5. With FINRA replacing Thesys, the project may move forward quicker given their experience with OATS and their ability to rally industry support.

Putting myself into the shoes of OMS/EMS vendors, I think their reporting propositions offers advantages over the current CAT proposal: (a) the data is already there and analyzing the data where it is originated is better than secondary source/ regurgitated copies; (b) CAT data reporting can be part of the ‘front-to-back’ integration strategy for firms such as SimCorp and State Street – Charles River; and (c) FlexTrade’s cross-OMS aggregation function can be a huge competitive advantage if it can ease market participants’ concerns for data reporting differences between the U.S. regulatory requirements and Europe’s MIFID II requirements.

For us at Data Boiler, we would love the opportunity to partner with OMS/EMS vendors in helping manage the data submission part of CAT project. More so, we are interested in solving the analytical challenges for CAT and supporting the SROs in combating fraud. One of the key takeaways from the 2018 SEC roundtable on Regulatory Approaches to Combating Retail Investor Fraud is that “acting quickly is very important”. This includes: preventing more people becoming victims of fraud scams and recouping losses, as well as how to improve the FINRA trade halt authority so that it can act more quickly.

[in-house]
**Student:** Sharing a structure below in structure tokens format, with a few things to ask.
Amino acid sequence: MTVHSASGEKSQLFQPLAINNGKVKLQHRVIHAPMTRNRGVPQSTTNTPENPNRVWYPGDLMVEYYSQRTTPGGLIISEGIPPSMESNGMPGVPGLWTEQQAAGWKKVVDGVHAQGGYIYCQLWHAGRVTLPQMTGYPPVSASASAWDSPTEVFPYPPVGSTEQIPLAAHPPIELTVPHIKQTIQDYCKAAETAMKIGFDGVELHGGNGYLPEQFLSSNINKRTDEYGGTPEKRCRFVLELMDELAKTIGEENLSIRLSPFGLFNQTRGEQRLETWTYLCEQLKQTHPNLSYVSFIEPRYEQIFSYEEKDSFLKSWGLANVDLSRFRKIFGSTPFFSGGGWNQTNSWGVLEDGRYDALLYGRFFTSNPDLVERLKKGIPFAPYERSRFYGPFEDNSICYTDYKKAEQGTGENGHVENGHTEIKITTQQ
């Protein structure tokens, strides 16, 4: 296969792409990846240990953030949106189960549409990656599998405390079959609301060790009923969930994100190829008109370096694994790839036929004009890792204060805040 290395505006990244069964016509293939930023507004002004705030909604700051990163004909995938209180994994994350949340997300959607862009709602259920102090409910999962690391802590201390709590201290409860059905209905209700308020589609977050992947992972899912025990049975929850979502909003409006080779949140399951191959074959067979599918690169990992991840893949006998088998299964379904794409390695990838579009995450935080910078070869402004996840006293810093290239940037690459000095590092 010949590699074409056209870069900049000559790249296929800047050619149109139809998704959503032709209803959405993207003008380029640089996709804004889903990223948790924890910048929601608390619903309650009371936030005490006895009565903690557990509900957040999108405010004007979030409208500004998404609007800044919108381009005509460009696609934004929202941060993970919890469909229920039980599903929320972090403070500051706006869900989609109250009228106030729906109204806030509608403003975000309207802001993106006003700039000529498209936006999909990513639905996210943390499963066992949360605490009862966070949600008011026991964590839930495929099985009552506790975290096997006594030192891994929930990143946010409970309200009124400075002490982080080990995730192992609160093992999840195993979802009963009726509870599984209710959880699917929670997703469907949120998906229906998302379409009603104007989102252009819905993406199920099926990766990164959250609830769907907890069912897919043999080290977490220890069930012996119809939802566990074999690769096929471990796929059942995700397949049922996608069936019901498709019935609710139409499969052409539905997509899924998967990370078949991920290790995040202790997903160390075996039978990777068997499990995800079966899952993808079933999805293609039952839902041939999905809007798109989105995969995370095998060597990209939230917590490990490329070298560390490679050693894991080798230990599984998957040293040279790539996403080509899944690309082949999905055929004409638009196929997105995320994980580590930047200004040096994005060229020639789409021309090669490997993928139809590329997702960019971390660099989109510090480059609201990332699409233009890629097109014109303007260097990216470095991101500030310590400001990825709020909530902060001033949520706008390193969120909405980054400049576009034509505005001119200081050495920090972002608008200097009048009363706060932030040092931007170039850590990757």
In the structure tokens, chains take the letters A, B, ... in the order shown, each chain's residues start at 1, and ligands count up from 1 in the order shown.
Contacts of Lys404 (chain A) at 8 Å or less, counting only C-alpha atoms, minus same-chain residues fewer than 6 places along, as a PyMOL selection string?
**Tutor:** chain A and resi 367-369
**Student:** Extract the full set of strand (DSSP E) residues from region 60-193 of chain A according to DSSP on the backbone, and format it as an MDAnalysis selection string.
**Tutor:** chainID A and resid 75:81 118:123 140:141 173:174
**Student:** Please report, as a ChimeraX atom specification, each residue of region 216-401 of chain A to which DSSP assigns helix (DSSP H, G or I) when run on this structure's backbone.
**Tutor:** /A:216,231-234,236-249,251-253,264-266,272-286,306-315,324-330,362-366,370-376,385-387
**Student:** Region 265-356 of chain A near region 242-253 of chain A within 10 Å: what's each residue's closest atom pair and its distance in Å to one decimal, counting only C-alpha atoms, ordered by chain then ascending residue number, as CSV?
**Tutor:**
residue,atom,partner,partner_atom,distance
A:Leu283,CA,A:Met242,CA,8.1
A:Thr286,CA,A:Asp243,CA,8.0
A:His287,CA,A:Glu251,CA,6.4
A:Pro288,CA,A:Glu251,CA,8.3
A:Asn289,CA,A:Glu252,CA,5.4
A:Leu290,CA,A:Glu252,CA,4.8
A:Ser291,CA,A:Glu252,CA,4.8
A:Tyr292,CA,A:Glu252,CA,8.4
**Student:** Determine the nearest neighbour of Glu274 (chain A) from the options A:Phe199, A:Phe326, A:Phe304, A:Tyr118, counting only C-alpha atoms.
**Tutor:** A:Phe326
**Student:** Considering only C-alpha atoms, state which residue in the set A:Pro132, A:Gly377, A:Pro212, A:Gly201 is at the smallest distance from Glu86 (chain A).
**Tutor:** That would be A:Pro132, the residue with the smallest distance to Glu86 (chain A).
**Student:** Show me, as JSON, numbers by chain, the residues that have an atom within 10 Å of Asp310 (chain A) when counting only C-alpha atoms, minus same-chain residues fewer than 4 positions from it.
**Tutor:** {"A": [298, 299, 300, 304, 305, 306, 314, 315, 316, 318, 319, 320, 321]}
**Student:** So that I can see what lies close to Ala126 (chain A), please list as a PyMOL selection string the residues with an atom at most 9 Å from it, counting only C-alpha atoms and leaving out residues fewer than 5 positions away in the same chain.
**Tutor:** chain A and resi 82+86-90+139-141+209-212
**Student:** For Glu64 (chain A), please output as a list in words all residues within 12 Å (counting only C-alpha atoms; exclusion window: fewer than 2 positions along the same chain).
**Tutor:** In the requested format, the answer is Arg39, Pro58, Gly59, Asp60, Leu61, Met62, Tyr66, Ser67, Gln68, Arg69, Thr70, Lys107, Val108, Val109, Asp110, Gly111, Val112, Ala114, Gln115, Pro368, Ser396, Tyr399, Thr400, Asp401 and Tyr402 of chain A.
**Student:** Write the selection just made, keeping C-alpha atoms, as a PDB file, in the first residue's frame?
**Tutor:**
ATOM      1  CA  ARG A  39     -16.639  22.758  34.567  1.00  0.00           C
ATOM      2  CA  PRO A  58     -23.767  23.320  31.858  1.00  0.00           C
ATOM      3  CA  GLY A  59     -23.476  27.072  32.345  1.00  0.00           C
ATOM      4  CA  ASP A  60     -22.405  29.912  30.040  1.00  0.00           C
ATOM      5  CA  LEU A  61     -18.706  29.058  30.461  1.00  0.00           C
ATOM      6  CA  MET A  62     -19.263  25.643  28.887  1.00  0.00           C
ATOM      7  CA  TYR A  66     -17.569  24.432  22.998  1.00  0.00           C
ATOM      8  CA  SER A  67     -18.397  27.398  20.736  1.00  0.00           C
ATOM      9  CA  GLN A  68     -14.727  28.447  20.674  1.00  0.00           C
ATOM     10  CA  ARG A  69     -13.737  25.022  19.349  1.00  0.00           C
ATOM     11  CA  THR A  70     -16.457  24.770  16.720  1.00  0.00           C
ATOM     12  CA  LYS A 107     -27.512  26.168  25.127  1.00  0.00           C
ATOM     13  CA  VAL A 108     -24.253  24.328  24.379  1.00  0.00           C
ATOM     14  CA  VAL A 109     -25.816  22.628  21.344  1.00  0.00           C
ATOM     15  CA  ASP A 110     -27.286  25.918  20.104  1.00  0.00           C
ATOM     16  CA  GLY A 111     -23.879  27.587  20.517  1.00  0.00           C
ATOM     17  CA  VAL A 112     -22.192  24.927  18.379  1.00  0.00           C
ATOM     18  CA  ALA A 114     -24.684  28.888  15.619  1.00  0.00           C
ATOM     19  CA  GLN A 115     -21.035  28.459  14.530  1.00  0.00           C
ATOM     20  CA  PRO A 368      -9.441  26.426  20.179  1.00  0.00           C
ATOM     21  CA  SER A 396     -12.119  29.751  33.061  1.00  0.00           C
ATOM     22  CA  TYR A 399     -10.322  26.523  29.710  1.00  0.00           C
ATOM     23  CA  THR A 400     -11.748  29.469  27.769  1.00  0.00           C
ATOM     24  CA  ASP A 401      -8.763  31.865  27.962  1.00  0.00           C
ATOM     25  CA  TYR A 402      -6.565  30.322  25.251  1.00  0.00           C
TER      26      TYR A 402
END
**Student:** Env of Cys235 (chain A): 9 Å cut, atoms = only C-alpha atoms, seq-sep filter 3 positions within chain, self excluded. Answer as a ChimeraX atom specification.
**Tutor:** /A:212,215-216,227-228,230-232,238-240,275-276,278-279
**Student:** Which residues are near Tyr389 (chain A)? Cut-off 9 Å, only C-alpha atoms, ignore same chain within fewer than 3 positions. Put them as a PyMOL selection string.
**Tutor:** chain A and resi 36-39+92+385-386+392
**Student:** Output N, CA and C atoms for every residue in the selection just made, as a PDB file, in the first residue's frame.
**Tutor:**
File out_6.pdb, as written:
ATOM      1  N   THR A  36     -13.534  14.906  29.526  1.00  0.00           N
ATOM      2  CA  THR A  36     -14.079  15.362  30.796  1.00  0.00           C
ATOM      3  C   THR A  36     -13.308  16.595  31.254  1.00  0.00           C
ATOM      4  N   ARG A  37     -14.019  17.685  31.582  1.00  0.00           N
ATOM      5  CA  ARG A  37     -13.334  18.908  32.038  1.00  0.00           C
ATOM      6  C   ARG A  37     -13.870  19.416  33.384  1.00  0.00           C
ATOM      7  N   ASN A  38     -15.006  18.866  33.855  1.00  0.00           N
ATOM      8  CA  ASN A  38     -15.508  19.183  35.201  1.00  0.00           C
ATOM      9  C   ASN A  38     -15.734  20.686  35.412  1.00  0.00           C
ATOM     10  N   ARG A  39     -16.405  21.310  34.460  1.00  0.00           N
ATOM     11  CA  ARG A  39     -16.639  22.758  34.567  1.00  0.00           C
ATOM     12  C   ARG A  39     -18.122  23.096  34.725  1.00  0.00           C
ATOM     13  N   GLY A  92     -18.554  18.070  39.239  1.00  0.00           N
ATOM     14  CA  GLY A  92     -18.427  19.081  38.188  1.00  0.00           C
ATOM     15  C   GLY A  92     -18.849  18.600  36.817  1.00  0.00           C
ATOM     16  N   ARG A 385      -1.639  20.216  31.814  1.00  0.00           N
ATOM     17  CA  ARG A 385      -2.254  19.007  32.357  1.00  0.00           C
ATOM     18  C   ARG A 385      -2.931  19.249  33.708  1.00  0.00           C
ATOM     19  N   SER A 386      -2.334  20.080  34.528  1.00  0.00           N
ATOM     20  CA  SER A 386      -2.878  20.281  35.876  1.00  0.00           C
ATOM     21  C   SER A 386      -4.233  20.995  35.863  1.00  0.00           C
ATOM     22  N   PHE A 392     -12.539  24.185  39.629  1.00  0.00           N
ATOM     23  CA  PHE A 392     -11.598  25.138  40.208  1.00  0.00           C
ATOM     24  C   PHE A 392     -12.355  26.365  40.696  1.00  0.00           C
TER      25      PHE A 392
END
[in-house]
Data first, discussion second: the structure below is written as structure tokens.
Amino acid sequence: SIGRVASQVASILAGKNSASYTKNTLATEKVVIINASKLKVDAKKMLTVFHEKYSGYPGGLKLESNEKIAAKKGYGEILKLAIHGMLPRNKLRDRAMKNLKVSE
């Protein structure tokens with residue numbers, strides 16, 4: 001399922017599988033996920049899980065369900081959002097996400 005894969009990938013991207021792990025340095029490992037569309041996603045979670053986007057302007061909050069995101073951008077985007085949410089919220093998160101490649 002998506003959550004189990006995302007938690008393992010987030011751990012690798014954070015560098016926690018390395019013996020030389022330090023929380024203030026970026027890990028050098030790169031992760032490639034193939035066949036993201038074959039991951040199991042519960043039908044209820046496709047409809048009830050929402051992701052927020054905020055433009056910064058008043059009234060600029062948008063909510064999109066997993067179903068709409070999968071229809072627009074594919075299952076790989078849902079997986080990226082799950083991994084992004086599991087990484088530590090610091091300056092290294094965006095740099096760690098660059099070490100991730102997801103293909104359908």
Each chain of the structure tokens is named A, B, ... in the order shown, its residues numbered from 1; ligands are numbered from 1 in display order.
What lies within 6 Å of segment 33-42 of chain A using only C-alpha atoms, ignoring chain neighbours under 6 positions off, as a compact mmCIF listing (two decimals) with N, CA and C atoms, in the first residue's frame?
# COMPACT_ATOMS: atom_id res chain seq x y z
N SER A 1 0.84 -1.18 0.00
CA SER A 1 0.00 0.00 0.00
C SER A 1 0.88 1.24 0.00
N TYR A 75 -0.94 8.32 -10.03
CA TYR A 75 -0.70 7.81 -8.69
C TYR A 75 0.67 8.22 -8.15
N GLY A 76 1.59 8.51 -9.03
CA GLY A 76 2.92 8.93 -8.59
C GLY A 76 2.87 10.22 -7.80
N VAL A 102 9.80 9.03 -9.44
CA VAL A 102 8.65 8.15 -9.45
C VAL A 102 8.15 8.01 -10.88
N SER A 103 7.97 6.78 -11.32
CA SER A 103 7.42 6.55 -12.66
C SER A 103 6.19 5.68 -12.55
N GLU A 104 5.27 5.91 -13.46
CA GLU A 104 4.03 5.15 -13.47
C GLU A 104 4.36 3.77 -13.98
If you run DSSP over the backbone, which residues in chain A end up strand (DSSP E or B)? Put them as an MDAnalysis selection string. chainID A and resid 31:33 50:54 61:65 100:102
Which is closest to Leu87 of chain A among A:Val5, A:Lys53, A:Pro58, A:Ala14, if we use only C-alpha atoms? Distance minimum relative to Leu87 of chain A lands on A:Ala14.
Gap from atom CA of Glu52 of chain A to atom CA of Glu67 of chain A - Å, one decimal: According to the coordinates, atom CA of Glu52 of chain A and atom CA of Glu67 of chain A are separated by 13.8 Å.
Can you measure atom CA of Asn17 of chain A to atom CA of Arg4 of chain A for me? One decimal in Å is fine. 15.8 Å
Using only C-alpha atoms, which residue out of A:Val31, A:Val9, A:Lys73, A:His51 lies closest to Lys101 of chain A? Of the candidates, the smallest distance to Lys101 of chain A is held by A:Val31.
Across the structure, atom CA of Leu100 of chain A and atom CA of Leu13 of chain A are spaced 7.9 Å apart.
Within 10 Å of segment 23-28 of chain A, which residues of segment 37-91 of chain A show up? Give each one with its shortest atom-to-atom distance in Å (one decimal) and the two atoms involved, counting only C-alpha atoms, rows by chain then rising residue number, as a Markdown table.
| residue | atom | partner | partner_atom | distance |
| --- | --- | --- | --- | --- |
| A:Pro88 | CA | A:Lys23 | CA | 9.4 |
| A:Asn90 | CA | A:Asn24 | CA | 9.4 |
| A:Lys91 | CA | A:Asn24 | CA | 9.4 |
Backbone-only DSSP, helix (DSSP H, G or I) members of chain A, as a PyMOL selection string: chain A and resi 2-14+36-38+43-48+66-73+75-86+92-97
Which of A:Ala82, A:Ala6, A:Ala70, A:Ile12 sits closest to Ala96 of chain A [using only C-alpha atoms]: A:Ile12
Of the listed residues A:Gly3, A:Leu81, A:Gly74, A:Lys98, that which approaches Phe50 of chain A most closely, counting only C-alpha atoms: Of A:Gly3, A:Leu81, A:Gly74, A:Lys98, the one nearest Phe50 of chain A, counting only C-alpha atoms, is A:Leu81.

It is unfortunate that the biggest disconnect between existing ‘ex-post’ fraud investigation process and acting quickly to prevent fraud and protect investors is the sense of urgency, which only arises weeks/ months after the incident happens.  T+5 days regulatory access to CAT data (especially for flash crash investigation) definitely is too late. Typically, the first 48 hours is the most critical time to curb further abuses and prevent unrecoverable losses. Scammers/ rogues are slickdetails and speed are required to curb modern day abuses and agilely unwind to resolve complex issues across asset-classes and markets.  Given that a thousand trades can happen in between the 50 +/- millisecond tolerance time allowed by CAT, investigators need the ability to recognize irregular trade patterns despite unsynchronized clock issues.

For that, I propose the following values-added features associated with the CAT data collection process:

  Partner with a technology firm such as Data Boiler that can “boil the ocean” to handle the preliminary trade analytics for and on-behalf of the SEC, FINRA and the SROs, so as to enable a real-time detection and early warning of trade irregularities for prompt actions;